Housing Minister Simon Coveney expects to appoint a new water commission chief by this weekend, as he goes to Brussels to stop the EU fining Ireland for suspending water charges.
Mr Coveney expects there will be no shocks when he meets environment commissioner Karmenu Vella to outline how Ireland intends to comply with EU law while also freezing water charges.
Government sources insist plans for the independent expert water commission are still on track, despite chairman Joe O’Toole resigning this week over his views about charges.
Mr Coveney said yesterday that he had wanted Mr O’Toole to stay on but that “he had no alternative” “given what happened”.
Fianna Fáil and other parties had questioned his position following remarks he made, including to the Irish Examiner. In an interview, Mr O’Toole criticised left-wing politicians, said he supported the polluter pays principle, and suggested that there was “bundles of money” to invest in Irish Water.
“I think he would have done a very good job,” the minister told Sean O’Rourke on RTÉ. However, his views created problems, as “water is such a sensitive issue”.
“He did make a mistake in being overtly forthright in his views… The water commission has to have the confidence of the two big parties who put it together,” said Mr Coveney, referring to Fine Gael and Fianna Fáil.
The minister said he now expects to appoint the replacement chairperson before the weekend.
Meanwhile,a spokesman for Mr Vella last night told the Irish Examiner that “the position of the commission was made clear in Mr Vella’s reply to a question from MEP Marian Harkin”.
This reply, which it highlighted, said Ireland had adopted “established practices” around water charges in 2003. There are disputes over whether this means Ireland has to pay water charges and whether it is entitled to a get-out out clause when it comes to complying with the water directive.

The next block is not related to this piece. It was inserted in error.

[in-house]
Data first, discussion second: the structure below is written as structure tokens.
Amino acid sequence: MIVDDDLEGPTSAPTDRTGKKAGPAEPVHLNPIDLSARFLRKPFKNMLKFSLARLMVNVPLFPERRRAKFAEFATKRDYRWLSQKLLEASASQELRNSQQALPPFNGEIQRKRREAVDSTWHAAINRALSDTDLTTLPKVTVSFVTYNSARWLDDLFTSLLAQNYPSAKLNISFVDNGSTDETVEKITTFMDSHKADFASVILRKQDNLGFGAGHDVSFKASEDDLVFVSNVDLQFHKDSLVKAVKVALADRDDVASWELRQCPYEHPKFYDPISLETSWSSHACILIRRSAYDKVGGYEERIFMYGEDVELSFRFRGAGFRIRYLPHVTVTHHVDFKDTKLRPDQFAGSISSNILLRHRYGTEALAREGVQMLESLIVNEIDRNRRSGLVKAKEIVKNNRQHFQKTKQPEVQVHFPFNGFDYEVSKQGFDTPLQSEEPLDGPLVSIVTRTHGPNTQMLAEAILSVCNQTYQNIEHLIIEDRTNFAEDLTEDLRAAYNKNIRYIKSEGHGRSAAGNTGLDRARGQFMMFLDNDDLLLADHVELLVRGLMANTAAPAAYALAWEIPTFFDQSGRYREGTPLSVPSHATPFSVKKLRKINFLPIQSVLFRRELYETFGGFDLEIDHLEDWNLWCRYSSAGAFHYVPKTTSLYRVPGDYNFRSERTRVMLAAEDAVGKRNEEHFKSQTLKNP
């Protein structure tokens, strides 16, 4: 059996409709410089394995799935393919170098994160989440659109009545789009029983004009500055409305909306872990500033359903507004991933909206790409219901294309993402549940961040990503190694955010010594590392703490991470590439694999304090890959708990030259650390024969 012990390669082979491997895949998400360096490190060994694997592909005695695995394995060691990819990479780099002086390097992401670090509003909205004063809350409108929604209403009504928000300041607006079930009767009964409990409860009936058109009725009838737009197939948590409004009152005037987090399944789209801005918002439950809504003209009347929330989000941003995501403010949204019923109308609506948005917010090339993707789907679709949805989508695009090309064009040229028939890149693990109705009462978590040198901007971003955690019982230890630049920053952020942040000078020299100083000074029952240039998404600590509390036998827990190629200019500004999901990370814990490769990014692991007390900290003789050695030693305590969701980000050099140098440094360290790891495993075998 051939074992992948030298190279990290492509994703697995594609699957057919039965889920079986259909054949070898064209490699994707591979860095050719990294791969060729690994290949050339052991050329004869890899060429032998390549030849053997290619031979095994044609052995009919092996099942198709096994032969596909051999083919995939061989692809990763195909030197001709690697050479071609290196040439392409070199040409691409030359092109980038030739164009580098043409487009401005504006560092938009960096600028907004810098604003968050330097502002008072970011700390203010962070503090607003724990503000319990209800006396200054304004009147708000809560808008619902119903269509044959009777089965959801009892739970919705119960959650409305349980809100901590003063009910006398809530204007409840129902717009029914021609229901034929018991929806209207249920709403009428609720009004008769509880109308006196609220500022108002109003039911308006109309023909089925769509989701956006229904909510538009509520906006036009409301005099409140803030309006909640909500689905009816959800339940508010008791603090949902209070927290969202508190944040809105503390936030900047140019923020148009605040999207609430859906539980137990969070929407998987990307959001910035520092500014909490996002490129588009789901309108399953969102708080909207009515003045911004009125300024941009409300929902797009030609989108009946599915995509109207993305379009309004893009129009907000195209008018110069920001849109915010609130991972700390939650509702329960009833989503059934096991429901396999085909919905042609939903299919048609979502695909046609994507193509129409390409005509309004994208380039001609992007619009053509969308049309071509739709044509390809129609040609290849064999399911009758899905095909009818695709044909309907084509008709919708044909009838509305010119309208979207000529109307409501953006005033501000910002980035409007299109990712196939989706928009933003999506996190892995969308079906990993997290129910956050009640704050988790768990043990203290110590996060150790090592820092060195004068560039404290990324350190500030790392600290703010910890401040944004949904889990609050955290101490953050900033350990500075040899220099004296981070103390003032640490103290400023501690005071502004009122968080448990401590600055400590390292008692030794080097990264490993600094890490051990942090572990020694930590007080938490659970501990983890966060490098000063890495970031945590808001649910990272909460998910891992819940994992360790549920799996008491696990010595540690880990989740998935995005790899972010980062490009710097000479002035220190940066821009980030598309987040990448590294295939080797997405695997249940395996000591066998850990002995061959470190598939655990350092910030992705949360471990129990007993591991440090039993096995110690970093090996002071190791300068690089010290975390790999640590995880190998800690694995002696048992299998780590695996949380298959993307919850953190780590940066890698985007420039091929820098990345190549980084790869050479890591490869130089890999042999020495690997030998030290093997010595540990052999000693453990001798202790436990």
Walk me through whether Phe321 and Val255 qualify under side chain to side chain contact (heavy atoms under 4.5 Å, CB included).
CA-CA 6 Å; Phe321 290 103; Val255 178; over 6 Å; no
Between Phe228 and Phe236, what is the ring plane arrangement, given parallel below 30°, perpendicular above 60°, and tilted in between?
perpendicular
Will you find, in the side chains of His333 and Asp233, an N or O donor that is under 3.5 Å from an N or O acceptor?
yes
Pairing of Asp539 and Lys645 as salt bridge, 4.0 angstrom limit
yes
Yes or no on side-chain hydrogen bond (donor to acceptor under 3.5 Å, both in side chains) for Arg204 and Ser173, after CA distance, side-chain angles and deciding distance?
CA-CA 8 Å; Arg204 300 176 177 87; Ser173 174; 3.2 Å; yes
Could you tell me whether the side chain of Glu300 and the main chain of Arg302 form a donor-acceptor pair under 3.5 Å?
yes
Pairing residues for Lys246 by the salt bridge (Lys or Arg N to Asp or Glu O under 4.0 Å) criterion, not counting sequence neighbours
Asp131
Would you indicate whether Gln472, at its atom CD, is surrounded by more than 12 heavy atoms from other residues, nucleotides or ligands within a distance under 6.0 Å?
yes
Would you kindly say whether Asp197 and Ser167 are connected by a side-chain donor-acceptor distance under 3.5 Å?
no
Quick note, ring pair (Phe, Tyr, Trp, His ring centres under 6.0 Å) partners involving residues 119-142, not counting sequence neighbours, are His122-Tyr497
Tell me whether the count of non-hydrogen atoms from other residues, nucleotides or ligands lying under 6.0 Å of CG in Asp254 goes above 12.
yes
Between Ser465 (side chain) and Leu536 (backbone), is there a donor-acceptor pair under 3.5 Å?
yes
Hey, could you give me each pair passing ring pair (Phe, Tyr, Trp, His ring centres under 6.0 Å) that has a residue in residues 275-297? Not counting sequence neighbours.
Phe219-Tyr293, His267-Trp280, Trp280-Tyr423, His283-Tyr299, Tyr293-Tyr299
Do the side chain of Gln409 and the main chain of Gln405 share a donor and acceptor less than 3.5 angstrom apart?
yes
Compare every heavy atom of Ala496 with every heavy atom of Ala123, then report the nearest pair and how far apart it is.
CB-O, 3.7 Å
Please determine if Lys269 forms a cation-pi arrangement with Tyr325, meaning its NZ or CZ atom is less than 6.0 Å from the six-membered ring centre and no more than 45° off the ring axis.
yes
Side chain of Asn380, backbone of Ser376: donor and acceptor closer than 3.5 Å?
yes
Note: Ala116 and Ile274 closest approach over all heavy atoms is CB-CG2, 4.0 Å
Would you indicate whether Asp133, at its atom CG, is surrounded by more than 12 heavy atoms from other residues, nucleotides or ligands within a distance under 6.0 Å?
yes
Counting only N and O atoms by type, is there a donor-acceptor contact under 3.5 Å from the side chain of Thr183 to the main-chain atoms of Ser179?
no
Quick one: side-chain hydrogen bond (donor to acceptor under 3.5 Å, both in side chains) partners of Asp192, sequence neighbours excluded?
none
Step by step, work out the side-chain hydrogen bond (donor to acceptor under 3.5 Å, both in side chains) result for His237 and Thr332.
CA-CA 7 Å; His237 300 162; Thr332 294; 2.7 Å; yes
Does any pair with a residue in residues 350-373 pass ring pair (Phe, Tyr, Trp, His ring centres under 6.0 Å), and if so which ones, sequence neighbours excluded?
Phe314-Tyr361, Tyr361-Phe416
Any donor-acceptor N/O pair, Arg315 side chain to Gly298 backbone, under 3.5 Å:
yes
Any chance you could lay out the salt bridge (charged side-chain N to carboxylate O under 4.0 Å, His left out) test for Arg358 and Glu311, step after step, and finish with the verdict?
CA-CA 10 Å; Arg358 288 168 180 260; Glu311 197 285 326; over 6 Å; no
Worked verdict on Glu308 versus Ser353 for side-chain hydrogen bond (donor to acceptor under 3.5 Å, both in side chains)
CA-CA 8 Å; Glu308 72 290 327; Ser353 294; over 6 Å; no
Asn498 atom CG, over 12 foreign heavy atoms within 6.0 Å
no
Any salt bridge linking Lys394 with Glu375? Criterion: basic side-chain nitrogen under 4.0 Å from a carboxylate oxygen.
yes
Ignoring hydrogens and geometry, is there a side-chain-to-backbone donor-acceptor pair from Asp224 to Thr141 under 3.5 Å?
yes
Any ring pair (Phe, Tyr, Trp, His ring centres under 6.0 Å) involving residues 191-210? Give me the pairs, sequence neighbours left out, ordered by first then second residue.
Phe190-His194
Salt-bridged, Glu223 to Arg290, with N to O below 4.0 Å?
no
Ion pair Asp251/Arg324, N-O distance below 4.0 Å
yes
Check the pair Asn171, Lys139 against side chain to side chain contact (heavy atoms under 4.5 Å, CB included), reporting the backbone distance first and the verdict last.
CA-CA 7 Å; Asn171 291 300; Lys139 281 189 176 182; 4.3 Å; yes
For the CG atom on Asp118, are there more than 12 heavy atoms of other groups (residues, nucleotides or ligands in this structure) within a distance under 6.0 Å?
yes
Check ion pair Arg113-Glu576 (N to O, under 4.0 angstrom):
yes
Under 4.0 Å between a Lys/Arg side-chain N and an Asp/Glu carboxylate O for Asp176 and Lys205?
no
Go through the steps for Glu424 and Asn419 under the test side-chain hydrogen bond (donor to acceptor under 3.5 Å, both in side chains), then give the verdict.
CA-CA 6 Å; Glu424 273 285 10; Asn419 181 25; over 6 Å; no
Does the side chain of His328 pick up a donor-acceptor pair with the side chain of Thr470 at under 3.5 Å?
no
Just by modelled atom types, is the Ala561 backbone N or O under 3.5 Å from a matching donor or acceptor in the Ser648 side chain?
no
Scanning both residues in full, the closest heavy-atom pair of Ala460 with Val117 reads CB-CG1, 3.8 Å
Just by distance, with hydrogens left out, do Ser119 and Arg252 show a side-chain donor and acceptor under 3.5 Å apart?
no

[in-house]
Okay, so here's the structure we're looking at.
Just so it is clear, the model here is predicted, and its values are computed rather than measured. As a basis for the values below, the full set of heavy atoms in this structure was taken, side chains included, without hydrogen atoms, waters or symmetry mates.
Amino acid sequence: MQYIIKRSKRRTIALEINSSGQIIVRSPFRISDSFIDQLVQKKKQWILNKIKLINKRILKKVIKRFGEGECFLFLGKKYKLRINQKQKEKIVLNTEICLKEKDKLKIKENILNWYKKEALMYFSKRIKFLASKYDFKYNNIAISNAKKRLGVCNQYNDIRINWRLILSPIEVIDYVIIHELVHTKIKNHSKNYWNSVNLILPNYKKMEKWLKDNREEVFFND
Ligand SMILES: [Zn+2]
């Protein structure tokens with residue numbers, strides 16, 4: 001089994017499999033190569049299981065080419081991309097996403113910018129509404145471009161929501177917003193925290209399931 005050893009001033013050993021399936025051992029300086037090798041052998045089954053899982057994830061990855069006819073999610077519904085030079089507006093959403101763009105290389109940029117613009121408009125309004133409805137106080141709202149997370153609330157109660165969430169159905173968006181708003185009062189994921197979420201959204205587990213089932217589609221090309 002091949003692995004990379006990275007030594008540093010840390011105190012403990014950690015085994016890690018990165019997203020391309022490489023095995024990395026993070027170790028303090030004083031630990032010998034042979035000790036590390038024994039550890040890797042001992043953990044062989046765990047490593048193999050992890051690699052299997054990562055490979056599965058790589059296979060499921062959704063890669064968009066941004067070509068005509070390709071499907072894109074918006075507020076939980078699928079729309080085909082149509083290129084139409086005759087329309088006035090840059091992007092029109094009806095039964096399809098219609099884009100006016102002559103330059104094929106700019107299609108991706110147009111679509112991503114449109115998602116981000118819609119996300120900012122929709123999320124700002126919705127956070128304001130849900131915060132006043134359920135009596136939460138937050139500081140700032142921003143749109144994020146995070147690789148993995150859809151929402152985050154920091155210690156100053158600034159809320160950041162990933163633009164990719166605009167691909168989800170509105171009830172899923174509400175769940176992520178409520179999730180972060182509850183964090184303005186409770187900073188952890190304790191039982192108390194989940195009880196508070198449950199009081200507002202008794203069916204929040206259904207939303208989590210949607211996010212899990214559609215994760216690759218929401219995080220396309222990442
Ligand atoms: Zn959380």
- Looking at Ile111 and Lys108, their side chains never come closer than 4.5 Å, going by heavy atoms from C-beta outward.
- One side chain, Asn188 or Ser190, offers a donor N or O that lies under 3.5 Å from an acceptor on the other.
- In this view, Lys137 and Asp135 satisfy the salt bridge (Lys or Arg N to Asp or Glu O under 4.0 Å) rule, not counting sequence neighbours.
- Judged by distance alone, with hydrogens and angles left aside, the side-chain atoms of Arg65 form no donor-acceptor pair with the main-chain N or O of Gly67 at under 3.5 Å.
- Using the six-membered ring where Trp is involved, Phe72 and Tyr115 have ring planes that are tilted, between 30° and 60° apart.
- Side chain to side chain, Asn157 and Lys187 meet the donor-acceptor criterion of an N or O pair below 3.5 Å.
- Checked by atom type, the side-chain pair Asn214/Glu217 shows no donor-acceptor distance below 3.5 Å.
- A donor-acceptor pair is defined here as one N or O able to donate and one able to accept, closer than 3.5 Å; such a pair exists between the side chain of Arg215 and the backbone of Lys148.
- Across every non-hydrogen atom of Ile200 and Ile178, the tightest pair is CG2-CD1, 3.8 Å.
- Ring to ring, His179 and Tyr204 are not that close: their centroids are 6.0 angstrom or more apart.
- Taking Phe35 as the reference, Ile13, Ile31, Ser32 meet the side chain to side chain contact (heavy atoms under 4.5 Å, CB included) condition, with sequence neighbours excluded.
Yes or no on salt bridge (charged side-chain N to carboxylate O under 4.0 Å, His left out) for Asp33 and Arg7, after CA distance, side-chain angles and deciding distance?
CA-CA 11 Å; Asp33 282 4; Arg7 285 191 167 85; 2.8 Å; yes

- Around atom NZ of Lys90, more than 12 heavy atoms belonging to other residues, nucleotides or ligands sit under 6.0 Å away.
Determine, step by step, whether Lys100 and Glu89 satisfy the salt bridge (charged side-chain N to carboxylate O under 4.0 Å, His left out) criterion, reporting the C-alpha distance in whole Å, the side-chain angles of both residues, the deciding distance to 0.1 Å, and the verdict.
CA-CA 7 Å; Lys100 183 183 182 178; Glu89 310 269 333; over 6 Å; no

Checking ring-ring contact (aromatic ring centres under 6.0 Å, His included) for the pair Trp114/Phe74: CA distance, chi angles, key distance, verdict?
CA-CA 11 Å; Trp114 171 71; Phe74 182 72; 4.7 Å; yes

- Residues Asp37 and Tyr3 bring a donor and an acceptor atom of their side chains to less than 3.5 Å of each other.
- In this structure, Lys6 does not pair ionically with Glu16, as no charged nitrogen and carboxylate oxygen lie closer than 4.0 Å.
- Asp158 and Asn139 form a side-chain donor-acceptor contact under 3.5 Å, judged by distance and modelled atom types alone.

The commissioner’s spokesman said Mr Coveney had sought the meeting “to clarify the necessary next steps for implementing the Water Framework Directive”.
Meanwhile, Ervia, the parent of Irish Water, has had four members appointed to its board. These include Keith Harris, currently non- executive director and chair of the audit committee of South Staffordshire Water as well as Fred Barry, former chief of the National Roads Authority. The two other members appointed are Christopher Banks, who was board commercial director at Scottish Water from 2002 to 2014, and a former CEO and chairman of Tesco Ireland, Tony Keohane. Mr Keohane will appear before the the Oireachtas Committee on Housing before his formal appointment can be finalised, said Mr Coveney.
Mr Coveney’s office said the process for the appointments was conducted in line with the procedures for making appointments to State boards through the public appointments service.
Elsewhere, the energy regulator has launched plans to assess Irish Water’s performance and to allow the public grade its work.
The monitoring system will cover a number of areas of performance of Irish Water — customer service, environmental performance, quality of service for water supply, security of water supply and sewerage service.
© Irish Examiner Ltd. All rights reserved